posted by M. | 7:05 AM
Matt. How about the private meat shops like Smith's and the Childrens Shop. My mom bought me a sweater there once that lasted what seemed like forever for it actually grew on me.I remember the State theater as well with the balconey and watching my first movie there. Disney movies always came to the State and the admission was .50 cents.
Thanks for pointing out the other businesses in the picture. I do remember that Disney movies were shown at the premium price of 50 cents. All others were 35. Of course, old timers will remember when admission to movies was 5 cents.
Who else besides me thinks that much of history will be lost because of the advent of digital photography. Yeah, you can go get them printed, but most of us don't...then 60 years from now, will we have these priceless kinds of pictures?
I respect the past but it seems like many ORL readers dwell on the past. The future of East Liverpool should be more discussed rather than the past. History is a great teacher which we should use to shape our future. Has anyone wondered what pictures, regarding current times,could be on this site in 50 years? I dont think any of us would be proud.
What is striking is how everything looks so well taken care of.Back then everyone pulled their own weight...now it's "What can the government give me for free?"And the socialist Mr. Obama, if elected, will hasten us to even more entitlements and socialism.
In high school, we always went to the American Theatre (right across from Heime's and across the alley from Isley's). Those were the days . . .and in the 70's. Then, Wellsville re-opened the Liberty Theatre, and that's where I saw "Grease". Can't remember the prices, but bringing up those days is priceless.
It looks to me like it is on St. Clair almost across from the main fire station.tvfoh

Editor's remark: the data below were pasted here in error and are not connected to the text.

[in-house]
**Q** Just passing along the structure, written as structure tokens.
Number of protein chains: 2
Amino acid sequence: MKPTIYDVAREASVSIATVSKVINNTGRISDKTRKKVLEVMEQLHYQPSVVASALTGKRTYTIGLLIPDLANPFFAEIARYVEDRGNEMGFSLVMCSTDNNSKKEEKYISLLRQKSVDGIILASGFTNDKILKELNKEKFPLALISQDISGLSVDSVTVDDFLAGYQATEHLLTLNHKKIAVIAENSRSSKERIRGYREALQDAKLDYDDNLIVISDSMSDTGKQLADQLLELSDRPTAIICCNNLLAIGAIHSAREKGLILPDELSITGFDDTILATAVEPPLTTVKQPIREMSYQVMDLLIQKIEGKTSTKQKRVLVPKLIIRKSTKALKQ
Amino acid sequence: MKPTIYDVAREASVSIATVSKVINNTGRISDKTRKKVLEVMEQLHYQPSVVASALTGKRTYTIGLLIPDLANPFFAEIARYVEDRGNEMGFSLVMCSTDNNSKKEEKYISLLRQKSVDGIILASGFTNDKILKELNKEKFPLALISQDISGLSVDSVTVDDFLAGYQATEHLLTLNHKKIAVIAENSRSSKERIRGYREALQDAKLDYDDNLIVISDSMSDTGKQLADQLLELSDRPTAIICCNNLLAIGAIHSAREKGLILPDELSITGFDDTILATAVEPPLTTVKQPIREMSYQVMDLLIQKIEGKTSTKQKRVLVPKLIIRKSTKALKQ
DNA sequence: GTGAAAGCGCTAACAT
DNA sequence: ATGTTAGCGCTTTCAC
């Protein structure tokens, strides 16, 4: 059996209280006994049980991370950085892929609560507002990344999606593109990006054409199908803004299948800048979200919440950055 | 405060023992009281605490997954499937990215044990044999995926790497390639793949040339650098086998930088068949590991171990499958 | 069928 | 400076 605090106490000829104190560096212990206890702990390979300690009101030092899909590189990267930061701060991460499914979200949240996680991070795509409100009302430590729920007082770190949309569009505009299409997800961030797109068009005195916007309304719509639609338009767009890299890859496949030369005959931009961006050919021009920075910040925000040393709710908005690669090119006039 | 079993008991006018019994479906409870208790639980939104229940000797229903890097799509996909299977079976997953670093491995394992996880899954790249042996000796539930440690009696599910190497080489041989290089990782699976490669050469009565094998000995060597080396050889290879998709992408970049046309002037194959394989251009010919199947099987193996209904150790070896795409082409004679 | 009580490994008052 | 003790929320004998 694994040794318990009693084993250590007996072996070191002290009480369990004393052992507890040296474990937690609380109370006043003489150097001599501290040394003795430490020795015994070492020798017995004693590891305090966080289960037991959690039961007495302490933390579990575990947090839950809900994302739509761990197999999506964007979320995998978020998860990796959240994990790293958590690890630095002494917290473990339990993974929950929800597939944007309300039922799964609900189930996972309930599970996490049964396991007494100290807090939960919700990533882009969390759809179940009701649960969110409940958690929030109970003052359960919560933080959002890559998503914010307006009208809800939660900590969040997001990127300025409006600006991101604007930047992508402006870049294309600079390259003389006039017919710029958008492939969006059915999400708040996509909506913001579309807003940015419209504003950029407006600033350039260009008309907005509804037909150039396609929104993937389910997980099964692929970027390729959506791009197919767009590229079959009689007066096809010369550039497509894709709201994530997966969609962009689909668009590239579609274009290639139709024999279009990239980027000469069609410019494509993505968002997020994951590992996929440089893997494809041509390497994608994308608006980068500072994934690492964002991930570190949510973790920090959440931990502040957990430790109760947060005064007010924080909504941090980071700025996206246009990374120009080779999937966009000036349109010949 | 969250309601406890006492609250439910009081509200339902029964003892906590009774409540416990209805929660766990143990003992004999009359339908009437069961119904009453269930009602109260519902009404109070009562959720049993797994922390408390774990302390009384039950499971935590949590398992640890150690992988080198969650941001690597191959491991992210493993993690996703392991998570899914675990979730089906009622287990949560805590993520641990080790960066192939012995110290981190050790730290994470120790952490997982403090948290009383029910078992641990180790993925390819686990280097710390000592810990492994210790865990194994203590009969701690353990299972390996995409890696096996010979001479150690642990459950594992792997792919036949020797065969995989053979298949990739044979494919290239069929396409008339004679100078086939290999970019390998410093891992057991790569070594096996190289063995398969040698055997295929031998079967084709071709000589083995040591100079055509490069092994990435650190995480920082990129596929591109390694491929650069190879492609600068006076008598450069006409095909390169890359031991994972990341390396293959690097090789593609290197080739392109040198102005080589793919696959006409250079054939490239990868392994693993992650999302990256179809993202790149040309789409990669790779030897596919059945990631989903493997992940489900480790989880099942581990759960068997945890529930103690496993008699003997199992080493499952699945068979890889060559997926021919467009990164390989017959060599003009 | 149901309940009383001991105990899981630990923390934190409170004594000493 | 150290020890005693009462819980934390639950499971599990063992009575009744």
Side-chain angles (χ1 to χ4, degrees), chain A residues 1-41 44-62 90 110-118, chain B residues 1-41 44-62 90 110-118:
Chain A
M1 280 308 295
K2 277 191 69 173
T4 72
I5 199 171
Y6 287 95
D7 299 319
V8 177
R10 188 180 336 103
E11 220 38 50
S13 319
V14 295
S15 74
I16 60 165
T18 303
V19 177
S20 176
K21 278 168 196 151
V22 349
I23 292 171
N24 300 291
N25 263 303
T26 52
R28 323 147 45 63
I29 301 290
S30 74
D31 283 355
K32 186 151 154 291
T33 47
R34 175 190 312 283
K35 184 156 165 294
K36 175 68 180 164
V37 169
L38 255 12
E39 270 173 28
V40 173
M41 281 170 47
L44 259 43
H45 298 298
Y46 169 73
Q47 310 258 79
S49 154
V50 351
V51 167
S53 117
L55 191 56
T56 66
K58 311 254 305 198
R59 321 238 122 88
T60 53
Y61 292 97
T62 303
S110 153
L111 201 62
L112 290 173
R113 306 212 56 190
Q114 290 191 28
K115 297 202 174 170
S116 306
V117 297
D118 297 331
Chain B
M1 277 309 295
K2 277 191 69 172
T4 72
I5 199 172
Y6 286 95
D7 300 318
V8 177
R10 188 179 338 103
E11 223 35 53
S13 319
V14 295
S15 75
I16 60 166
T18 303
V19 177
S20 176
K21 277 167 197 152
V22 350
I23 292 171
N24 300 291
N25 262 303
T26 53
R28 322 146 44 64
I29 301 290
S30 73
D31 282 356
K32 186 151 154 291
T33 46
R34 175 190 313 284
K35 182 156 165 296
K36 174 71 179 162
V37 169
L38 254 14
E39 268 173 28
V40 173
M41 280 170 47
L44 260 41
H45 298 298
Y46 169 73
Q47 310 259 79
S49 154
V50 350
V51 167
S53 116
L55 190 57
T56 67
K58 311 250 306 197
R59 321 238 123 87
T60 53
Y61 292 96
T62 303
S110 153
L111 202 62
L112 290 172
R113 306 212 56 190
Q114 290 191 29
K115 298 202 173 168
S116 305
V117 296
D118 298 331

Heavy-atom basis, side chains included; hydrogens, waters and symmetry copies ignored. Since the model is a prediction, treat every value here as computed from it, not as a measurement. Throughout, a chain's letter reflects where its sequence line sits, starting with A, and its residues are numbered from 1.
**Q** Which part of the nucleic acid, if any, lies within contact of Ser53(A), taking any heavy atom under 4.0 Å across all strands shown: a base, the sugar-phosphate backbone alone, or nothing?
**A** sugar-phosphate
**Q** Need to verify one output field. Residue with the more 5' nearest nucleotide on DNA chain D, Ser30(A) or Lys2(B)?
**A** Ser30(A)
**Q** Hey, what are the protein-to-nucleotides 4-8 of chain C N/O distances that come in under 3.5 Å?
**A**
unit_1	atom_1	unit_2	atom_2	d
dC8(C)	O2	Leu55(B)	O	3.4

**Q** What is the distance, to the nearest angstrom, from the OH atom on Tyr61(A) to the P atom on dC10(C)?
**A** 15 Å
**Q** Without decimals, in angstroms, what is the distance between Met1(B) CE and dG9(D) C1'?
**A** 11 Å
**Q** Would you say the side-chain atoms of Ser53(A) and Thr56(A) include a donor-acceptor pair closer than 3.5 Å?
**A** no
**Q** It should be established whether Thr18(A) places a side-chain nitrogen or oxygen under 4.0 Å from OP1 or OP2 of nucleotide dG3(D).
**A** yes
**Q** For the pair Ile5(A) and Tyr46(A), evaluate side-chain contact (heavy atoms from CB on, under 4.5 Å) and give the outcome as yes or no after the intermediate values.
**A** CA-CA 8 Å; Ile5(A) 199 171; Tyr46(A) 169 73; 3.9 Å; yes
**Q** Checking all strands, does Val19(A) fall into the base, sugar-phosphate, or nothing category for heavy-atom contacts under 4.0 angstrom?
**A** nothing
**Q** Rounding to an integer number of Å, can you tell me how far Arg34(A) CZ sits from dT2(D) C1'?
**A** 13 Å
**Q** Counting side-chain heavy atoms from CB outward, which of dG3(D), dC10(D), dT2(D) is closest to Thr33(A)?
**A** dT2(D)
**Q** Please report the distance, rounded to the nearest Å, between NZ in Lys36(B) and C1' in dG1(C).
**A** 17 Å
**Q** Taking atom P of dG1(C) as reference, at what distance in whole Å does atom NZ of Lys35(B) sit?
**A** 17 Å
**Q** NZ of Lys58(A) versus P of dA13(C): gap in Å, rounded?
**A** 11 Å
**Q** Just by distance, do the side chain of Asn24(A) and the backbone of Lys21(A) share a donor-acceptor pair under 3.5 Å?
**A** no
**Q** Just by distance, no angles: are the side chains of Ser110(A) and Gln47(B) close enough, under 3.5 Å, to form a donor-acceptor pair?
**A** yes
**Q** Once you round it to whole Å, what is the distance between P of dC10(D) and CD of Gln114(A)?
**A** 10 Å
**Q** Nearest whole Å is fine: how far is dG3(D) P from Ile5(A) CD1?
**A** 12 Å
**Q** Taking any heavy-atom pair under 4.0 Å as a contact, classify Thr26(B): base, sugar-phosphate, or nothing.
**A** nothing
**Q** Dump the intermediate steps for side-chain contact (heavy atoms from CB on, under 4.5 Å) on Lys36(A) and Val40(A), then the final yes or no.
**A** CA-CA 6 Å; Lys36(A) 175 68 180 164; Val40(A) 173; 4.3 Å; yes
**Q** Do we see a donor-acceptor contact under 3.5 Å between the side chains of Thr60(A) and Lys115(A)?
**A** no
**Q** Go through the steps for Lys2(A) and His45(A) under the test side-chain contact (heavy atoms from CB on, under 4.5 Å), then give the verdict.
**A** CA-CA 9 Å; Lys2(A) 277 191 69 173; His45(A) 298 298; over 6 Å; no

Actually this pic came from a book written by the photographer. Anna in 1949 lived in Beloit and would travel through the area on her way to Pittsburgh. She was so facinated by the area that she decided to write a thesis paper on the Pottery City of the World. Thanks to her many of the cites and history of the city are captured in time. I am currently doing a research paper on the city's decline and how it compares to Youngstown in the loss of the steel mills in the 70's. I came across this book while I was gathering my research and decided to share its pics with Matt. Hope you are enjoying it as much as I am seeing the old sites again and some which I had never seen before.
Ken, What is the name of the book and where can it be found
Notice the ladies walking along the street (ironically where the crack whores now often stand), dressed "for town" in their dresses.I can't help but think our society began to decline when women stopped wearing dresses, men stopped wearing fedoras and kids were allowed to wear jeans to school and church.That sounds idiotic, but when people stop caring about how they look, it somehow changes how they are treated. I'm not saying people should wear formal clothing all the time and it's unrealistic to think kids will wear dress clothes to school but walking around in pajama bottoms and slippers at WalMart (adults I mean) and kids looking like sluts or thugs at school is not projecting much of an image.I guess I'm just too old.
me,You hit the nail on the head. And the teachers in both K-12 and college don't enforce any kind of decorum to show respect for the institution they are attending.As I posted, it also reflects our "entitlement" society that exists today...no one wants to be responsible or accountable...it's gimme, gimme, gimme...for free!!